Morrison, who is the regular ongoing writer for "Batman," said while "Final Crisis" is not a major line-wide crossover it will tie into a few regular DC titles including his own Bat-book. "The idea for this year was to not tie into everything else so that's why we're not crossing over with every other book. The tie-ins on 'Final Crisis' are written by me, Geoff Johns or Greg Rucka and all of them are important to the main story" said Morrison. "That being said, with 'Batman,' for instance, the focus on it this year has been on 'R.I.P.' but immediately after that six-parter, there is a two-part story that's kind of the Last Batman Story, in a way, and it ties straight into 'Final Crisis.' So there are certain little crossovers here and there. I have no idea what other people are doing but I know that this year, everyone is trying to do big iconic storylines in their own books, rather than tie into 'Final Crisis'. It's a way of giving some sanctuary to readers who don't want to get caught up in the summer's event books. But there's definitely a before 'Final Crisis' DCU and an after 'Final Crisis' DCU, as you'll see."
In 2005, Morrison launched the mega-series "Seven Soldiers," which earned the writer an Eisner Award in 2006. The project, which was heavily focused on the two New Gods Mister Miracle and Darkseid interconnected seven miniseries and two stand-alone issues. While Morrison hinted that there were a few "little clues" in "Seven Soldiers," he said readers of "Final Crisis" don't have to run out and grab the TPBs or go digging back into their long boxes to follow along with the 2008 event.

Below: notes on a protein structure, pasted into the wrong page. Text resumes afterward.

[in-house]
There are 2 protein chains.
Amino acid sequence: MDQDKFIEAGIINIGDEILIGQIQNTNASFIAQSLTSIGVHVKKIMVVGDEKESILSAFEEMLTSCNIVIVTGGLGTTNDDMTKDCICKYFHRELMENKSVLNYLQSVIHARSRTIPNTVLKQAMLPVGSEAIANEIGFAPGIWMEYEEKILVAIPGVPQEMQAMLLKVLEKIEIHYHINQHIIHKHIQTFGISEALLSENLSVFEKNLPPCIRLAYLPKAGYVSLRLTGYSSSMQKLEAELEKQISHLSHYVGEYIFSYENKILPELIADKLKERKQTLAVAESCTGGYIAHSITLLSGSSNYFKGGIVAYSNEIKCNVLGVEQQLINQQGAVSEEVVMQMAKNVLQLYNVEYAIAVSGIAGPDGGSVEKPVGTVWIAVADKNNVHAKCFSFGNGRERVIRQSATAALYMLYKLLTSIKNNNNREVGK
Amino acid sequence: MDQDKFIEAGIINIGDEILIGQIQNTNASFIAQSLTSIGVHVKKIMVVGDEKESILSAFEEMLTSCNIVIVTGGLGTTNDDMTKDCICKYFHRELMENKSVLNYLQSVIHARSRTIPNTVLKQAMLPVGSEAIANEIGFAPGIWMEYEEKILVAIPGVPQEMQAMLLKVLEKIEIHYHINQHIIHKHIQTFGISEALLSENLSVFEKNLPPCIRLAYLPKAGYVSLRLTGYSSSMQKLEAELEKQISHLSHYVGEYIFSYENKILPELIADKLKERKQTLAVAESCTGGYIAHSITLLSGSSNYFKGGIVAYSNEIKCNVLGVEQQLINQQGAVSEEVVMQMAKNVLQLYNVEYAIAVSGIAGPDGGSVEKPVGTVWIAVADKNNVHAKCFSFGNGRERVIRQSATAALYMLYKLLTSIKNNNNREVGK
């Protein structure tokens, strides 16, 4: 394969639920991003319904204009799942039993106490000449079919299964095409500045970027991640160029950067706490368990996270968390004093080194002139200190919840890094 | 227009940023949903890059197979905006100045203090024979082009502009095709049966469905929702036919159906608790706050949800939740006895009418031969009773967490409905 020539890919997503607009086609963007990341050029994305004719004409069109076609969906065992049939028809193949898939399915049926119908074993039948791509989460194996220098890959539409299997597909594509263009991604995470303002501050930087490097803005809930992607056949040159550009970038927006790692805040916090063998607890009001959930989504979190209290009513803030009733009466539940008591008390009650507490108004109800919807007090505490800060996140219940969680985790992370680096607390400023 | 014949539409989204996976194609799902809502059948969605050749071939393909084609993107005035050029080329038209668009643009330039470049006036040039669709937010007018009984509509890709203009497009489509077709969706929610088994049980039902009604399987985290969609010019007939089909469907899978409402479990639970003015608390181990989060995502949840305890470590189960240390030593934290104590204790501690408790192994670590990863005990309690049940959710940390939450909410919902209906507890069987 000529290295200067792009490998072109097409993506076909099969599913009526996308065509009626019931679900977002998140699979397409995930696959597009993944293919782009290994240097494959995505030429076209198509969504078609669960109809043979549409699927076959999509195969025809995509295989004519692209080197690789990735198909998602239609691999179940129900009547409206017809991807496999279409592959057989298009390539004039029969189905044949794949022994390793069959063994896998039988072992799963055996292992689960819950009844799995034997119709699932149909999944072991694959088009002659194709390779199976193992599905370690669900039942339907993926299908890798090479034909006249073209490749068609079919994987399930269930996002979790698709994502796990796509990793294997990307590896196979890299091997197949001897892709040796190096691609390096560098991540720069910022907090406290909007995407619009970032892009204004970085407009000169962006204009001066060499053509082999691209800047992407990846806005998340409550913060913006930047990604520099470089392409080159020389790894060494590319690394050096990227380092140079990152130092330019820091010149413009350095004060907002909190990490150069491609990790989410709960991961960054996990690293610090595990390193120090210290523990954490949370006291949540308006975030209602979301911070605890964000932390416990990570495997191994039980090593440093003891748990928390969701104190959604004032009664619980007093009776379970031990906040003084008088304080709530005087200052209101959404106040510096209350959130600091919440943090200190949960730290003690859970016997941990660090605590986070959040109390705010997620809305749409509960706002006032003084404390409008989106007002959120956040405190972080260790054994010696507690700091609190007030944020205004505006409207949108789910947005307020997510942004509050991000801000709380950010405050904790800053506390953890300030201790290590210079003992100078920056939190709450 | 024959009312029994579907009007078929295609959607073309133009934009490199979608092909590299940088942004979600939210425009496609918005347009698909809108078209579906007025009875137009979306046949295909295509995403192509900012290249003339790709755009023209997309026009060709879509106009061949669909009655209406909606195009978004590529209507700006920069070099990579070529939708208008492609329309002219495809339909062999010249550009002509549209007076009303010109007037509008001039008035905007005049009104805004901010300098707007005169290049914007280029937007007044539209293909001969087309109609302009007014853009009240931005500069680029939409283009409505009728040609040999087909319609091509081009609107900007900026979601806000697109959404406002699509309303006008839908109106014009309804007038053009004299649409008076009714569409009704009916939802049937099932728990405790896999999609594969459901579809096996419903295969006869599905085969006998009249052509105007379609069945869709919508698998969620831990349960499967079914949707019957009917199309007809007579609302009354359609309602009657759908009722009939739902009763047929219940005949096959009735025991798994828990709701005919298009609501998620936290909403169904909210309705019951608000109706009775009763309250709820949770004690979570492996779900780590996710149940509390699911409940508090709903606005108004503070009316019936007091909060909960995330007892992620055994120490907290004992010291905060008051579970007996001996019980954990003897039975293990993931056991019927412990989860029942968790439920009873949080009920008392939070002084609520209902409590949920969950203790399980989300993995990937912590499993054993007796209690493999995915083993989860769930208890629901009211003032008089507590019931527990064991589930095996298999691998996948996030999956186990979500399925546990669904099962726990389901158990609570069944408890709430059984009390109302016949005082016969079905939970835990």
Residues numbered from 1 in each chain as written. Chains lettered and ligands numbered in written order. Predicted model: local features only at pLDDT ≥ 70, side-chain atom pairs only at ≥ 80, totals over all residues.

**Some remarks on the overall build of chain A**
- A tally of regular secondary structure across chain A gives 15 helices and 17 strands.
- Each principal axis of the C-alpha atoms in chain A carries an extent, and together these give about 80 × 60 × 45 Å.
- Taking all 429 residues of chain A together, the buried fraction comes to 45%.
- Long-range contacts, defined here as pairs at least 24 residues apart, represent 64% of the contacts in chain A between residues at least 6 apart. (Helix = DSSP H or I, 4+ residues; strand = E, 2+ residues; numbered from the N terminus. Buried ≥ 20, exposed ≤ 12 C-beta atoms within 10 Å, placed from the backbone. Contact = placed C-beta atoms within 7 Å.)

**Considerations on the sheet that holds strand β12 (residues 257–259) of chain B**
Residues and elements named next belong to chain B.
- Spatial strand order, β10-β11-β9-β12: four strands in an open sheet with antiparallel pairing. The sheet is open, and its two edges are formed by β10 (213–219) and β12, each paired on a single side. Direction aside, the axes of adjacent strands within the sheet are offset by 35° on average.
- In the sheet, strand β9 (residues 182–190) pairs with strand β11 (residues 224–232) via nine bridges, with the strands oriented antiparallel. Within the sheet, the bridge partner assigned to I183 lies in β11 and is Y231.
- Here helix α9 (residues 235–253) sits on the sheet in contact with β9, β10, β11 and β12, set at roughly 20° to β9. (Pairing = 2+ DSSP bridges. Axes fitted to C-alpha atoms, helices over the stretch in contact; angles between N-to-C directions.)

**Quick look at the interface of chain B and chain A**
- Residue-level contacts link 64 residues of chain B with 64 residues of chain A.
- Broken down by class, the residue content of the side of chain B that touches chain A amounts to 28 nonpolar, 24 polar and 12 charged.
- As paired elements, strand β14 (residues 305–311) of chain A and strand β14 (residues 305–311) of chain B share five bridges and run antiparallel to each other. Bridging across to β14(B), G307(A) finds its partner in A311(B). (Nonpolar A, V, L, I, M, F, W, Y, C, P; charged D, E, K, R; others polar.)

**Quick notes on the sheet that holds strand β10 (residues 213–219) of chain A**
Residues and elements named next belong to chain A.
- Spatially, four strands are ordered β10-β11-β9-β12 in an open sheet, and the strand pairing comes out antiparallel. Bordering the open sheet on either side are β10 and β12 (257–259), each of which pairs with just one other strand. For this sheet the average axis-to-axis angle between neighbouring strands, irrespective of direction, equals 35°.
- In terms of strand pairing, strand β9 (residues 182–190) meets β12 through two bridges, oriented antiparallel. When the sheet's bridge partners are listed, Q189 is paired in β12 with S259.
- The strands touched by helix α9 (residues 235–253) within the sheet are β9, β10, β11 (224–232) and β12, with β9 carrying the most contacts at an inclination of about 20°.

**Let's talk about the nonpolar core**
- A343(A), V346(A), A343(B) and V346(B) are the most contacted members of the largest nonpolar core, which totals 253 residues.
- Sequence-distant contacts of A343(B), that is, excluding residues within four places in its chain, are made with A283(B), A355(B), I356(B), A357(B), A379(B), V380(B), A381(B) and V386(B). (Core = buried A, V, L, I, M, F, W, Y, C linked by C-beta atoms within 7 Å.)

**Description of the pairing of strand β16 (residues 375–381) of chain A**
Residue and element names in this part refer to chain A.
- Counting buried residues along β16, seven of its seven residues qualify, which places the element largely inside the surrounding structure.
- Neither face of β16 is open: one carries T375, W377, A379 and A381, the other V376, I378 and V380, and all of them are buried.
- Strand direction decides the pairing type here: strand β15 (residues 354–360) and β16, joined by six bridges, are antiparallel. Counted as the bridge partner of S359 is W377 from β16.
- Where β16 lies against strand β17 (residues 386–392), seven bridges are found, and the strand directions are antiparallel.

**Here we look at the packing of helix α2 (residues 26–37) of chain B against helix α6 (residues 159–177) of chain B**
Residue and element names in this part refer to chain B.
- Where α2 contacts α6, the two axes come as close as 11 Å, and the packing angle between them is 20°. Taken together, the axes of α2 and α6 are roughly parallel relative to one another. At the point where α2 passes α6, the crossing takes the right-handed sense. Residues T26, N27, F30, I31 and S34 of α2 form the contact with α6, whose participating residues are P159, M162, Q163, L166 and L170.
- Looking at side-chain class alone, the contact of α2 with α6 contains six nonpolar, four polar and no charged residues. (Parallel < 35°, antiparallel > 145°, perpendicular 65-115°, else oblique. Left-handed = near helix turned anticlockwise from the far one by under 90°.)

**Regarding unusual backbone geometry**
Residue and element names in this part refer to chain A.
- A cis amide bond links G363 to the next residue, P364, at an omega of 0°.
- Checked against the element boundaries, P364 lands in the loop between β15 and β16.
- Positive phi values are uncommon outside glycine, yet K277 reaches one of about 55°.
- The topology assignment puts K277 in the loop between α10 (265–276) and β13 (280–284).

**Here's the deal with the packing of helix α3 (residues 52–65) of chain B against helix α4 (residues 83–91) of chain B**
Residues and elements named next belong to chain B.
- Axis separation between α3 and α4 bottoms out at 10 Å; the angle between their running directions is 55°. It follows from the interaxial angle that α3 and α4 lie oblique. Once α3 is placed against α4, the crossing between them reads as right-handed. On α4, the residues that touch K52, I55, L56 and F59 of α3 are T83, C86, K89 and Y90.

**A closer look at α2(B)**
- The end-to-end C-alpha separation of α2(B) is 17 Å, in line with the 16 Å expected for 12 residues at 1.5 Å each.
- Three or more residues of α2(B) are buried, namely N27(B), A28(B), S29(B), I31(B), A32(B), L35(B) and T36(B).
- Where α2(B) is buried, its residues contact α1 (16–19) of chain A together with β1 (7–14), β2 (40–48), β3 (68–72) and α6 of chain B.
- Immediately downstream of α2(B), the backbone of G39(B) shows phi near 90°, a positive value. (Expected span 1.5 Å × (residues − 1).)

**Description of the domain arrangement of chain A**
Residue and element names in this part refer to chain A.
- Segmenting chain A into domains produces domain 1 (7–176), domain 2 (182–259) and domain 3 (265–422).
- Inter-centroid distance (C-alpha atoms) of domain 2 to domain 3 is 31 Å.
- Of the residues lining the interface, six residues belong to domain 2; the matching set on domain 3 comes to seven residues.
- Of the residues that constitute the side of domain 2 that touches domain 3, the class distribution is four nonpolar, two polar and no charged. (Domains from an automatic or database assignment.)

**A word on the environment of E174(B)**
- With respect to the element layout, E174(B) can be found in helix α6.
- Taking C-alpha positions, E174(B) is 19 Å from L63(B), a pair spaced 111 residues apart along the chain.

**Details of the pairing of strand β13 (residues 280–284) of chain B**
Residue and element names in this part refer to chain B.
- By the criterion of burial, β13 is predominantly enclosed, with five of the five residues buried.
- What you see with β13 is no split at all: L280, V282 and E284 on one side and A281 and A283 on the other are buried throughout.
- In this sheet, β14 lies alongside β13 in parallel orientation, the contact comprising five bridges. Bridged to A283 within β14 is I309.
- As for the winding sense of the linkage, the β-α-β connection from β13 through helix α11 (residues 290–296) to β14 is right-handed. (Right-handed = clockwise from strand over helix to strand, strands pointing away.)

"I like to write things so you don't have to read anything extra," Morrison continued. "Obviously, it sells more books for me, so yes, everyone should go out and buy 'Seven Soldiers.' Particularly 'Mister Miracle,' which was the most hated of the 'Seven Soldiers' books and sold least. Stuff like that has little clues in it, but honestly, you don't have to read anything else. 'Final Crisis' is like picking up a book. It's like you're picking up any science fiction book or a fantasy book and starting from page 1. Everything you need to know about the characters will be in the book."
Along the same lines, Morrison shared all readers need to know about the two D-level villains who have been rumored for months as heavy hitters in "Final Crisis" - Libra and Human Flame. "Again, you don't need to know anything about them. Because the more you know about these guys, the lamer they become," laughed Morrison. "I'd rather have people pick up the book and see Libra for the first time done the way I want to see him done and the same goes for the Human Flame character.
"The reason I chose them was because Libra came from my favorite ever run of 'Justice League of America' and he's never been used again. He was a character who had stolen all the powers of the Justice League, but then couldn't handle it and ascended to some kind of screaming godhood where he became a million transparent body parts spread across the sky. So I thought if I was doing a thing about the New Gods, he'd be an interesting guy to bring back because I needed a masked mystery man to start a new recruitment drive for the Secret Society of Supervillains, because they become almost a terrorist sect. Under Libra's guidance, they start doing quite bad things, even to superheroes' wives and families, crossing the line. So there's that element to the story and I needed a masked guy, who people didn't really know that well. And I remembered Libra and the fact that he is connected to this ascending to godhood thing tied him in really quite nicely. What's really going on under the hood will be revealed later in the series.